- The Washington Times - Thursday, June 19, 2003

The chairman of the House Budget Committee has established a Web site where the public can report incidents of waste, fraud and abuse in federal programs.

It’s a tool, he said, to pressure Congress to keep spending down.

Rep. Jim Nussle, Iowa Republican and chairman of the House Budget Committee, has instructed every committee that controls mandatory spending to find at least 1 percent of waste in their budgets by Sept. 2.

Unlike past years when Republicans have made noise about finding waste in the budget, the backing of the plan by House Majority Leader Tom DeLay of Texas and the committee chairmen gives the proposal some teeth, Mr. Nussle said.

“This is different from a freshman taking on a pet project because he heard about a $500 hammer,” Mr. Nussle said.

Nussle spokesman Sean Spicer said they hope the Web site — www.house.gov/budget/waste.htm — will receive enough examples from the public that complaints from congressmen about not being able to find the savings will ring hollow.

“On September 2, we can say that without even looking that hard, we found this much waste,” Mr. Spicer said. “What’s the problem?”

Budget Committee Democrats said the plan to find waste would “threaten vital services to the American people.”

“Past efforts to identify waste, fraud, and abuse … have often identified not true waste or fraud, but rather policy changes that would, in fact, reduce benefits received by individuals or businesses,” said Rep. John M. Spratt Jr. of South Carolina, the committee’s ranking Democrat.

Mr. Nussle revealed the new feature of the committee’s Web site at a hearing yesterday where David M. Walker, comptroller general of the General Accounting Office, testified about scams and inefficiencies in federal entitlements.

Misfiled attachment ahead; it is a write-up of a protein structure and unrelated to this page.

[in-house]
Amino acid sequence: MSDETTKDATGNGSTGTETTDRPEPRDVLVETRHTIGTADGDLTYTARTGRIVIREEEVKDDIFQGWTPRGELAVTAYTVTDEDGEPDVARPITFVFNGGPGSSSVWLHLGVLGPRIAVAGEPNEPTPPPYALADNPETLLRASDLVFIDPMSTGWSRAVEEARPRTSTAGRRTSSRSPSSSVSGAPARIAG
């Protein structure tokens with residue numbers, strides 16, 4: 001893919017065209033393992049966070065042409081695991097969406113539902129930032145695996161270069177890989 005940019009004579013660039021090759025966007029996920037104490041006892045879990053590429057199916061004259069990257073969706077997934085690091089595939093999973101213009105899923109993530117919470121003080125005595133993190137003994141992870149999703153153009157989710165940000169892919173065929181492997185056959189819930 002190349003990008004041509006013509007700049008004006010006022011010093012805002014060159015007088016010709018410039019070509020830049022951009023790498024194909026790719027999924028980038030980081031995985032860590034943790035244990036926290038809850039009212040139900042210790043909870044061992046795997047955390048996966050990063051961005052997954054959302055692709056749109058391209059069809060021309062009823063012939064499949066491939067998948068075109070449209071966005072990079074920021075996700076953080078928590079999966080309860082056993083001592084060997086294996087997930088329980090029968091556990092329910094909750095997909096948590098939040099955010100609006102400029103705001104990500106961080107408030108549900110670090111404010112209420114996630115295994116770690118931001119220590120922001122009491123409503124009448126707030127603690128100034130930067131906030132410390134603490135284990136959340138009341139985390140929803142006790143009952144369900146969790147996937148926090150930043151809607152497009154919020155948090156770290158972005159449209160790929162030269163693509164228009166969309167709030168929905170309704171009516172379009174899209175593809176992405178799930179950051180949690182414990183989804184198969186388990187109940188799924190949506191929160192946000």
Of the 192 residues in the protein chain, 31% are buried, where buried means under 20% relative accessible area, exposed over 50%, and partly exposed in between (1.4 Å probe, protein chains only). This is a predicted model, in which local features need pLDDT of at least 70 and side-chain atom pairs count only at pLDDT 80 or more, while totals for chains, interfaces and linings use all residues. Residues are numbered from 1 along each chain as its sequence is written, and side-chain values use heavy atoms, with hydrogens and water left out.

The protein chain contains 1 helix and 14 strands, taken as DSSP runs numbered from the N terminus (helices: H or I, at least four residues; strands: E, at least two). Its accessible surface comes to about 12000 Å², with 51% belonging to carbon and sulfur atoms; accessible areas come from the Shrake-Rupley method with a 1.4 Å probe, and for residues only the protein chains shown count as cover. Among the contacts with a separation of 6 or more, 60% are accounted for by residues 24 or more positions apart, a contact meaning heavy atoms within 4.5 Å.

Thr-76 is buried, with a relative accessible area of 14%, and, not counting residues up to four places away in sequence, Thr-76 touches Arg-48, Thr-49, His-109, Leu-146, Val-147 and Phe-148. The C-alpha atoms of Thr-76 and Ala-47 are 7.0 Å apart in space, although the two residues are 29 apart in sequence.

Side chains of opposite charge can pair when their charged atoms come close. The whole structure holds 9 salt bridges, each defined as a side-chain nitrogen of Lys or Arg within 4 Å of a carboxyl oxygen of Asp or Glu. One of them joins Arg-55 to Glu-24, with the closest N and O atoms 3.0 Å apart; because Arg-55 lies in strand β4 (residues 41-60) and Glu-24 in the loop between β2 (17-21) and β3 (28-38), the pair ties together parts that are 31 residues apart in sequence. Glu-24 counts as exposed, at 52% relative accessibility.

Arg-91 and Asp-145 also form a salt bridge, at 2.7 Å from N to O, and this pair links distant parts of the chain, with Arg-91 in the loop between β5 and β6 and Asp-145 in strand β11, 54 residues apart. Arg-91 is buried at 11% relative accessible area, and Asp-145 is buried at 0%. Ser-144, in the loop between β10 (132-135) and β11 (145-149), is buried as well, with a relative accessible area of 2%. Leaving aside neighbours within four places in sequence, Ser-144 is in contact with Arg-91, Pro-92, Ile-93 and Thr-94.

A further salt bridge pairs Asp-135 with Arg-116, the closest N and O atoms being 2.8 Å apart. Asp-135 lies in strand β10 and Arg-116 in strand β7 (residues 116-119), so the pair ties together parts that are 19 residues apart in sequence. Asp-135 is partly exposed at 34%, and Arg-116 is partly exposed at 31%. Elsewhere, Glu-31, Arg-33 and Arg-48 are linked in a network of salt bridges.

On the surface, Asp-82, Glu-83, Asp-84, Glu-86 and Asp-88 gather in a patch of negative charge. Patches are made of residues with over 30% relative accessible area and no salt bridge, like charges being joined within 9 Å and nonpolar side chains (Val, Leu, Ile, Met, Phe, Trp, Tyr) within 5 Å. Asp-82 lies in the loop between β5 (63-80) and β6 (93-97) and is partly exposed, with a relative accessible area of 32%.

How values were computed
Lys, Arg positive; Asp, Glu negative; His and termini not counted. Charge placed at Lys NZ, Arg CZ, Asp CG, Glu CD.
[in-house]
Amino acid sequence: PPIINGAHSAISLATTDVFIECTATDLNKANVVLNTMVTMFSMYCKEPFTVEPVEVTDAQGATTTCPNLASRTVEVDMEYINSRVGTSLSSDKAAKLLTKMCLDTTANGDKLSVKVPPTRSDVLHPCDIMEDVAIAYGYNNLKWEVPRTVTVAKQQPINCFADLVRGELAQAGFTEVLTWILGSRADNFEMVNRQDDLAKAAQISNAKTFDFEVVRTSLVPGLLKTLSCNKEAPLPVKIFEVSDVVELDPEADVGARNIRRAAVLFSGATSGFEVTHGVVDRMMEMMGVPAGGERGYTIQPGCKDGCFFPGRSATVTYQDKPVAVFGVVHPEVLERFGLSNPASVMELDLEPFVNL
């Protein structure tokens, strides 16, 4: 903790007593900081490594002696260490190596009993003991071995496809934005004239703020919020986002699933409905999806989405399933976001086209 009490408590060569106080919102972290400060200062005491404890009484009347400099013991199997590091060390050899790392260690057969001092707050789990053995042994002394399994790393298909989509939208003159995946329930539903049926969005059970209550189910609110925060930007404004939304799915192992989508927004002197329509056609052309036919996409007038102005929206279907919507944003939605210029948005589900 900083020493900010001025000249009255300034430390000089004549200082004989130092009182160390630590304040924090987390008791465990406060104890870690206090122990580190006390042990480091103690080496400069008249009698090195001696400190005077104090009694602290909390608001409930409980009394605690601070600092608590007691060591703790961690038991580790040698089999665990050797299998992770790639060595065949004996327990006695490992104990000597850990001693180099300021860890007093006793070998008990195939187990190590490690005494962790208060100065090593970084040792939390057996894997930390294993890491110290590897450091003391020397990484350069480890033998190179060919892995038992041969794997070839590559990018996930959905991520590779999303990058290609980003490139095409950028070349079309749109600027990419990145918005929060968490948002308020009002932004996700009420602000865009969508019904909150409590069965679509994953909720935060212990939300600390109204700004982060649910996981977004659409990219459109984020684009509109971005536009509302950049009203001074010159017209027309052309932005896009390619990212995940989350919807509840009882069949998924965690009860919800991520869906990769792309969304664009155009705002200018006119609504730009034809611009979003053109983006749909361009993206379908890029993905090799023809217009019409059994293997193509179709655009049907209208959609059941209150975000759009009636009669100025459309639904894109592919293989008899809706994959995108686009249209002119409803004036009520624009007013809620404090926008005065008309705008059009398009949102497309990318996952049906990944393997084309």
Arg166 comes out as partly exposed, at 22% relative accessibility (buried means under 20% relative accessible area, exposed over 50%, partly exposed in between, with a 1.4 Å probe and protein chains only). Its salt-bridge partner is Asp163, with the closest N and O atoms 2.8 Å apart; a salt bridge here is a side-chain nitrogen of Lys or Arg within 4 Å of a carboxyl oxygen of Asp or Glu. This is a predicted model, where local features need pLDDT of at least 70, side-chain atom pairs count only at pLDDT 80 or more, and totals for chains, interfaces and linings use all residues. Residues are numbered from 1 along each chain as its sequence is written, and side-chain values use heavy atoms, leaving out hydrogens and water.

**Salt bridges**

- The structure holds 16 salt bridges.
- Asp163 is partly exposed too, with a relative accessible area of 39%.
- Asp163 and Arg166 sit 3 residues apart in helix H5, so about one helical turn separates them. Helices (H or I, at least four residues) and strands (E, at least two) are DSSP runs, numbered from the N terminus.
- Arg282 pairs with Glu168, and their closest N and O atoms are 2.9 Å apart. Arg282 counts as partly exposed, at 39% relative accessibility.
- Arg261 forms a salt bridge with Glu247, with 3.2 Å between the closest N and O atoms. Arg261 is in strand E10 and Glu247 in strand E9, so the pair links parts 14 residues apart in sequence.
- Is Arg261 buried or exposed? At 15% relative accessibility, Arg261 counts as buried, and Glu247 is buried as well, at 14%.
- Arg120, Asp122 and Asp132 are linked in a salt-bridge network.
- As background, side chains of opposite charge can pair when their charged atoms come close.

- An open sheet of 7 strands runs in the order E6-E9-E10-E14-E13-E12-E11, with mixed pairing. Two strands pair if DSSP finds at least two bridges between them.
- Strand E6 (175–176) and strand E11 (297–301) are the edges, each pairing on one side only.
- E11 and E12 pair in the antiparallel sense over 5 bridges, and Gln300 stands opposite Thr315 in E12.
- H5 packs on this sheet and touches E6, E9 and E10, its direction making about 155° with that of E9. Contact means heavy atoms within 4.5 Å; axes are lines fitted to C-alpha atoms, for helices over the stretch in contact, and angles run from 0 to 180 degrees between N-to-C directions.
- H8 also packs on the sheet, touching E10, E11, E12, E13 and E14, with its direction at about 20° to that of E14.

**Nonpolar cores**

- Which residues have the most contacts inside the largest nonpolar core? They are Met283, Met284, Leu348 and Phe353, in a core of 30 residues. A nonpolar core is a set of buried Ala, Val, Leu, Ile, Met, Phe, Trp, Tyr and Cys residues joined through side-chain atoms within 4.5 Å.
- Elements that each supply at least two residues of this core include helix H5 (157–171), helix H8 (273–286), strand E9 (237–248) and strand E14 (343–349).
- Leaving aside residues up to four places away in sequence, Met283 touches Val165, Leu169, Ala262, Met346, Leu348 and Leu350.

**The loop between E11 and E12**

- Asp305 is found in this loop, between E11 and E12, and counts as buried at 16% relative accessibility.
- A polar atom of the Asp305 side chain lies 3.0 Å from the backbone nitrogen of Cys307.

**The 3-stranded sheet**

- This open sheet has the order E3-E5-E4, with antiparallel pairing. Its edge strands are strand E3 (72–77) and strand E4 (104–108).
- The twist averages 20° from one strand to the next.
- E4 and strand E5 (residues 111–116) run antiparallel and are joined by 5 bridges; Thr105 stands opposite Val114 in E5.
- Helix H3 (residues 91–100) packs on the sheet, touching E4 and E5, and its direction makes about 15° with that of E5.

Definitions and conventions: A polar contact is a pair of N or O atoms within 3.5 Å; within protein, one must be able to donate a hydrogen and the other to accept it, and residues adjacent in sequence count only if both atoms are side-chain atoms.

“There has to be constant oversight by the Congress, and frankly, there hasn’t been enough of that,” Mr. Walker said.

Among the examples of waste and fraud Mr. Walker cited were:

• An estimate by the Internal Revenue Service that of the $31.3 billion in claims for the Earned Income Tax Credit in 1999 — given to workers who do not pay federal income tax — as much as $9.9 billion should not have been paid.

• Abuse of a travel card for the Air Force in which $31,000 was charged for vacation cruises, $31,000 for tickets to sporting events and concerts, and $32,000 spent in “gentlemen’s clubs.”

• An inventory of $112 billion in unpaid taxes “with some collection potential” identified by the IRS.

• A drug-procurement system in which Medicare paid $3.34 per dose of a drug that cost 77 cents per dose in most pharmacies.

Indeed, Mr. Walker pointed to a GAO study that found $31.3 billion in identified waste, fraud and abuse in Medicare last year — a detail many at the hearing found interesting as Congress is poised to add on a new prescription-drug entitlement.

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